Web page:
There are two main differences between assumptions and constraints, namely:
Project dependencies are relationships between tasks, activities, or components within a project. Dependencies are commonly categorized as:
Dependencies are closely linked to assumptions because assumptions about task durations, sequences, or prerequisites influence how dependencies are defined.
Project risks are events or circumstances that have the potential to negatively impact the project's objectives. They can be categorized as:
Assumptions often introduce risks because they are based on incomplete information or uncertain conditions. When assumptions turn out to be incorrect, they can trigger risks that need to be managed.
Project risks and assumptions, though similar, aren’t the same. Risks deal with uncertain events while assumptions are assumed to be certain so they can be used as a starting point for planning.
The foundation for project assumptions is often built upon a combination of factors that draw from both experience, intuition, and data, such as:
Create a centralized log or document to track all project assumptions. Include details such as the assumption, the person responsible, the date, and the status (validated or pending). This assumption log should inform the writing of the project charter.
Make sure to include assumptions about:
When making an assumption log, be sure to include the following
At the project initiation stage, identify and document all assumptions. Ensure that assumptions are clear, specific, and linked to particular aspects of the project. Involve key stakeholders in this process to gather their input and perspectives.
If possible, include a periodic review of assumptions with key stakeholders.
Integrate assumptions into your project planning, scheduling, and risk management processes. Make sure that project plans and schedules account for the uncertainties introduced by assumptions.
Ensure that all team members and stakeholders are aware of the project assumptions and understand their significance.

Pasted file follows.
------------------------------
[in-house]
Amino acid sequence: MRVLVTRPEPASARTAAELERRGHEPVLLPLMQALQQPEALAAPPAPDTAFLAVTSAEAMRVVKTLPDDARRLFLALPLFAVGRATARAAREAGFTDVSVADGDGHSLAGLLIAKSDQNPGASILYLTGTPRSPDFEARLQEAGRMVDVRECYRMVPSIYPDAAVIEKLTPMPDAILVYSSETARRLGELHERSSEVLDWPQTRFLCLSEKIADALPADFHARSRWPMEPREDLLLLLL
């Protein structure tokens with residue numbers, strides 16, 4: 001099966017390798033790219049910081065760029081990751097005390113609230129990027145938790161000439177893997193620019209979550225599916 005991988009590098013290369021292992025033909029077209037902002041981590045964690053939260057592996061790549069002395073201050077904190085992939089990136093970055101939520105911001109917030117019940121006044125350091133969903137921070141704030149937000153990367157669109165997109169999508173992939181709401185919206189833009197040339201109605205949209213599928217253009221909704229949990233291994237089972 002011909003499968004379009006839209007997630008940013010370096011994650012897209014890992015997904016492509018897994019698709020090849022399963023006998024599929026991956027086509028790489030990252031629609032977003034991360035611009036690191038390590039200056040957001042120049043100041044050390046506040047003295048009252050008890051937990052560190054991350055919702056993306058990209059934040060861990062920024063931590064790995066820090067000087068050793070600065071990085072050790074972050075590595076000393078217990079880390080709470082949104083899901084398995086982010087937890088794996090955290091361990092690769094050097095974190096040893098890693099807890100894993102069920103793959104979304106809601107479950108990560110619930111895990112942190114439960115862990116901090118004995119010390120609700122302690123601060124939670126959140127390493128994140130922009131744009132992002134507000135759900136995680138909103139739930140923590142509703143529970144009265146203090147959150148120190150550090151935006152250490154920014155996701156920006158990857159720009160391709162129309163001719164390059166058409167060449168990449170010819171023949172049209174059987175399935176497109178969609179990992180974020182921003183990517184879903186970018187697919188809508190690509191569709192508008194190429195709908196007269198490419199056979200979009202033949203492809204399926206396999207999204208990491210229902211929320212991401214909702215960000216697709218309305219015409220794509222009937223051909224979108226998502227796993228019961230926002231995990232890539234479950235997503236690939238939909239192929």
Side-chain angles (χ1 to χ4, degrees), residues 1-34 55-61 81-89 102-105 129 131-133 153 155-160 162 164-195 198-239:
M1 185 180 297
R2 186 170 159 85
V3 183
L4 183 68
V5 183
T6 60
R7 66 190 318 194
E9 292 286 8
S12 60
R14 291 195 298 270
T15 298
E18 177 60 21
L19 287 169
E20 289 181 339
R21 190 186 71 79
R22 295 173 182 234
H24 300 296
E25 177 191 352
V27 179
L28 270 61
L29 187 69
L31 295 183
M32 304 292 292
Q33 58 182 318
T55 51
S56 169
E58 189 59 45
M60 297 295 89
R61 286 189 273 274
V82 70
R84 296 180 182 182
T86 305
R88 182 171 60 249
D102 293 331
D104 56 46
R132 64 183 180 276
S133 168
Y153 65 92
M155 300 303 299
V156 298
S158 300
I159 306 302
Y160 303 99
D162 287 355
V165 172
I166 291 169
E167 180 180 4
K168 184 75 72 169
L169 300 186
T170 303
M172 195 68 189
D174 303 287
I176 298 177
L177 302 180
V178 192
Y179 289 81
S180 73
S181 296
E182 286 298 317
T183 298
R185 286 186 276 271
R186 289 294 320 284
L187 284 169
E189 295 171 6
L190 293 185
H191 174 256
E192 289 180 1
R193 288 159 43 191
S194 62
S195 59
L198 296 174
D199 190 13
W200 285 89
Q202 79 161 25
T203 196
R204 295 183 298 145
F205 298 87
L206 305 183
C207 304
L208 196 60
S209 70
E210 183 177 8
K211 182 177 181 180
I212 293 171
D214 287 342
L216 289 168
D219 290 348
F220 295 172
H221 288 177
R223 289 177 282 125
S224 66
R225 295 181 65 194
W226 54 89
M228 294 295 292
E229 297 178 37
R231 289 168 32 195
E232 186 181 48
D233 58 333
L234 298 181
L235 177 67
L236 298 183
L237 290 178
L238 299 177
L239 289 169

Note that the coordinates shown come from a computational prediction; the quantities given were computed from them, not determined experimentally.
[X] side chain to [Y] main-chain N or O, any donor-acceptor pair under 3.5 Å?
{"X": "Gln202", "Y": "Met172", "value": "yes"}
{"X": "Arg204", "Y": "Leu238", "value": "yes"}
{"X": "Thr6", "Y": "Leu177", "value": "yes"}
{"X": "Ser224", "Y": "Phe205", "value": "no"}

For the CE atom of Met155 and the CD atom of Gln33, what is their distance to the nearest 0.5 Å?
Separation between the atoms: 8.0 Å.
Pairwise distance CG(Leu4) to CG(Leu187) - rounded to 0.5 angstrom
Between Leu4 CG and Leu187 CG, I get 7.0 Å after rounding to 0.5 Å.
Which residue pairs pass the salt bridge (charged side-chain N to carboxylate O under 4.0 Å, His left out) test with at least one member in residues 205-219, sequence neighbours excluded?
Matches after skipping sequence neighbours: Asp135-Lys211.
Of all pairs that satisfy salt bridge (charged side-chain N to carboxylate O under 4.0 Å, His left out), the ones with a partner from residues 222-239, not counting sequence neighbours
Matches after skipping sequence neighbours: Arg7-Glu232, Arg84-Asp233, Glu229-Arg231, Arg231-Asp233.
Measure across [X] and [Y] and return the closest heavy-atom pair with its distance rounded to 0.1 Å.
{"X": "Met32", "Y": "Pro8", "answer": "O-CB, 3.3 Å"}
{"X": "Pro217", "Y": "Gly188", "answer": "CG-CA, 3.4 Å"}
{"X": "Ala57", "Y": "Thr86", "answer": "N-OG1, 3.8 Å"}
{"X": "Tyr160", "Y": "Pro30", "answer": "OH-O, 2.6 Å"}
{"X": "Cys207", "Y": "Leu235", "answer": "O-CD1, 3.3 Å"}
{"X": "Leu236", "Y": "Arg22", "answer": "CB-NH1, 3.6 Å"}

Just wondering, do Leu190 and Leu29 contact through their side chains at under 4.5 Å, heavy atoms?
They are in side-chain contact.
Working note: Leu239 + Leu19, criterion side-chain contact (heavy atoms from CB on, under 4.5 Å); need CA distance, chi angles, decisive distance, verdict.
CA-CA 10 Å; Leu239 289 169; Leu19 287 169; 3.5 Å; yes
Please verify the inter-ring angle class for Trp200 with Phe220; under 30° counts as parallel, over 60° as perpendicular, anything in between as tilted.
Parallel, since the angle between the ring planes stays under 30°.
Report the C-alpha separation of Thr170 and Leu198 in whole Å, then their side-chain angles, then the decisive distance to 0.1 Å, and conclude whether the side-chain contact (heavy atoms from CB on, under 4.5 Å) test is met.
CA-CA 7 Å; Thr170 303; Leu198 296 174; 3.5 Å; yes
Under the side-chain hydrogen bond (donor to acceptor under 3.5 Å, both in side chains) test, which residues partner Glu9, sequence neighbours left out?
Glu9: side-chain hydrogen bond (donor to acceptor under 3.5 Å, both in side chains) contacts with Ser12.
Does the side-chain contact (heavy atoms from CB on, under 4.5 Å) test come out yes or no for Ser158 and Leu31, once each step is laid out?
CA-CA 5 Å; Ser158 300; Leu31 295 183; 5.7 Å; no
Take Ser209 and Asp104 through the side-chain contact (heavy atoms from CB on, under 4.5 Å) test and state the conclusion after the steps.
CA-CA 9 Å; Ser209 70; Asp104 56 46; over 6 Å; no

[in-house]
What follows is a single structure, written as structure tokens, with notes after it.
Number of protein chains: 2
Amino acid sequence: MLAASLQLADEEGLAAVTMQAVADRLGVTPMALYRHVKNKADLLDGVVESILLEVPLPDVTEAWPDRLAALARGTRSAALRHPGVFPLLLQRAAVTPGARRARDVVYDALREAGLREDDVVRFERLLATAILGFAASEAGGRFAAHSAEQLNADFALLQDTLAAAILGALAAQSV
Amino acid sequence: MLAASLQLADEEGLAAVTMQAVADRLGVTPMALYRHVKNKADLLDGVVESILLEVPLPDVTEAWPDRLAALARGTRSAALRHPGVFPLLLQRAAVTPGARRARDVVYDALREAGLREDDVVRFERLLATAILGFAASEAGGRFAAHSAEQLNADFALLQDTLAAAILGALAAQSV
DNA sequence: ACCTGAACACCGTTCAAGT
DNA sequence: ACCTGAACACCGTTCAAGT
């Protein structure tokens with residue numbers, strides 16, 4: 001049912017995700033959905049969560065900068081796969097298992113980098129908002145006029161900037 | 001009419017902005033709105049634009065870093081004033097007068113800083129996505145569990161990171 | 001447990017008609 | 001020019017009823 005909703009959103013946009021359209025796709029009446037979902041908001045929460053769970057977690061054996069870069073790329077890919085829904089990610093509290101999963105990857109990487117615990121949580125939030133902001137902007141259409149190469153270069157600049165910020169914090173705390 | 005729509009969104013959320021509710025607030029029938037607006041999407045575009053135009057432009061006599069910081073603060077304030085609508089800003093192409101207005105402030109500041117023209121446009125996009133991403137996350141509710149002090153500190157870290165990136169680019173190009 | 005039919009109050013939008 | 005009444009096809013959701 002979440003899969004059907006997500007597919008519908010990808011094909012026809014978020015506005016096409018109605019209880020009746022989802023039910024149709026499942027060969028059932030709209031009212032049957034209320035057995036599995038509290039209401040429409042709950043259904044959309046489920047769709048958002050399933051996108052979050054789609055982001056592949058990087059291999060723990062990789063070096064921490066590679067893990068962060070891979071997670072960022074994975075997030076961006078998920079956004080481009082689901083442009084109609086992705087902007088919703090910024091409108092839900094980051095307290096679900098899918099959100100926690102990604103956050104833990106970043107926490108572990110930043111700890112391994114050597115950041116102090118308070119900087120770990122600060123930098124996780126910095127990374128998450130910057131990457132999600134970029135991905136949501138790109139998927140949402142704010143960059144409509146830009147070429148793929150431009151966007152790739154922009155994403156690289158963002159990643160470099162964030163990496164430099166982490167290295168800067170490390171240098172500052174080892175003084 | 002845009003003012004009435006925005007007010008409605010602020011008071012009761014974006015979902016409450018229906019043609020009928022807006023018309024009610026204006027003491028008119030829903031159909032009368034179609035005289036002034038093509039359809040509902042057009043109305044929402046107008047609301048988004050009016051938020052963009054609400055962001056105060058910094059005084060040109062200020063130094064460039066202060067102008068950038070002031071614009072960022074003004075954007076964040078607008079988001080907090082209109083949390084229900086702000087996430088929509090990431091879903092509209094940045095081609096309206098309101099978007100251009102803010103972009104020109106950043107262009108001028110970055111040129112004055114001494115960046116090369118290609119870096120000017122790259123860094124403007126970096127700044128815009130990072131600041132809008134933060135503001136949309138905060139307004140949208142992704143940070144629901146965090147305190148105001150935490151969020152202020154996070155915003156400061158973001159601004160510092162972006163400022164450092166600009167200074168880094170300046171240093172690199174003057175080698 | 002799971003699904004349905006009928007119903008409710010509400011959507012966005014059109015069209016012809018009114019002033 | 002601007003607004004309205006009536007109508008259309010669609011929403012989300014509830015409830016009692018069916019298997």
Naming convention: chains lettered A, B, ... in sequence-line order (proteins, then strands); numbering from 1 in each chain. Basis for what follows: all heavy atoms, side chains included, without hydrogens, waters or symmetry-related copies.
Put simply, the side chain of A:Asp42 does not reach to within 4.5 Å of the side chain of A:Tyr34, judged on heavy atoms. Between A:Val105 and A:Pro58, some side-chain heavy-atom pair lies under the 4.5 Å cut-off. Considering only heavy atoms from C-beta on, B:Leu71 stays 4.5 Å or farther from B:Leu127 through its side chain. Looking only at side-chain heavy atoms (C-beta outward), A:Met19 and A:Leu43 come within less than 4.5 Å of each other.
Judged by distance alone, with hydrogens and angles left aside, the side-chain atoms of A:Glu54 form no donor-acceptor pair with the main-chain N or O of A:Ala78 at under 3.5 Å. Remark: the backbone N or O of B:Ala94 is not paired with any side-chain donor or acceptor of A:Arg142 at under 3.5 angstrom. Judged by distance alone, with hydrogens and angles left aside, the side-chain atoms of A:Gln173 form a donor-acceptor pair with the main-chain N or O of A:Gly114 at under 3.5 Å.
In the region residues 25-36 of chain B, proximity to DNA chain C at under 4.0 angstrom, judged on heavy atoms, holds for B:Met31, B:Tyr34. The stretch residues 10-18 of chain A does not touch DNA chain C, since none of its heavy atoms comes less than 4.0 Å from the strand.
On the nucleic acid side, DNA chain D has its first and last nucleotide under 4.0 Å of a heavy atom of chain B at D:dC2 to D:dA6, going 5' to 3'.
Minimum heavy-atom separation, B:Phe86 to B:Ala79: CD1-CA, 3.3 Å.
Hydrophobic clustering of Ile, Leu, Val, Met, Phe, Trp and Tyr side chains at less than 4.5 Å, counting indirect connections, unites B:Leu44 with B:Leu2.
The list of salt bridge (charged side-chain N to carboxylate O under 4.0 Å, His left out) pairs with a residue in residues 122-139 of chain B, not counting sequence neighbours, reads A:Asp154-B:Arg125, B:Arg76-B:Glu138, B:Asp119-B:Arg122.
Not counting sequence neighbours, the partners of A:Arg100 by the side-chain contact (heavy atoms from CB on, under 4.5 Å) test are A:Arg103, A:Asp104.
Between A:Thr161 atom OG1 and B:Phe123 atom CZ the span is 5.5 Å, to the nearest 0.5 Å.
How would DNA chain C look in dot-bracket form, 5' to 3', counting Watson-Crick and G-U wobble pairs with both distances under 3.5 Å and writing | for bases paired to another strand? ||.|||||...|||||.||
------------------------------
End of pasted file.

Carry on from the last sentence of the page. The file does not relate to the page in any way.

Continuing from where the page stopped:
Throughout the project lifecycle, continuously monitor and evaluate assumptions. Be prepared to adjust plans if assumptions change or new information becomes available. This requires open communication and collaboration within the project team.
After the project is completed, conduct a post-project review to assess the accuracy of assumptions and their impact on the project. Use this feedback to improve your assumptions management process for future projects.
Make sure to include the following in your post-project review:
Managing project assumptions can be a complex task, especially when dealing with multiple stakeholders and evolving project dynamics.
A PSA tool like Rocketlane can streamline the assumption management process and help you turn assumptions into a viable project plan.
Rocketlane seamlessly integrates these foundational elements of data-driven insights, collaboration, and customer feedback to enhance assumption management:
Sign up for a Rocketlane demo to see this in action.
Project assumptions are factors considered true, real, or certain without empirical proof or demonstration. They are essential in project management as they guide planning, risk assessment, and decision-making. Unclear or unaddressed assumptions can lead to project delays and failures.
Identifying project assumptions involves examining every aspect of the project, questioning what is taken for granted, and consulting team members and stakeholders. Documenting them should be a structured process, often done through assumption logs or registers.
Project assumptions can lead to risks if they turn out to be incorrect. For example, assuming a supplier will meet a certain delivery date is an assumption. If the supplier fails to meet that date, it becomes a risk. Constraints, on the other hand, are predefined limitations such as budget, timeline, or resources that can impact assumptions and risks.
Mitigating incorrect assumptions involves proactive planning and risk management. You can create contingency plans, regularly validate assumptions, and communicate any changes or deviations to stakeholders promptly.
To make better project assumptions, rely on historical data, consult experts, involve team members, and conduct thorough risk assessments. Additionally, use a structured approach to document and validate assumptions throughout the project lifecycle.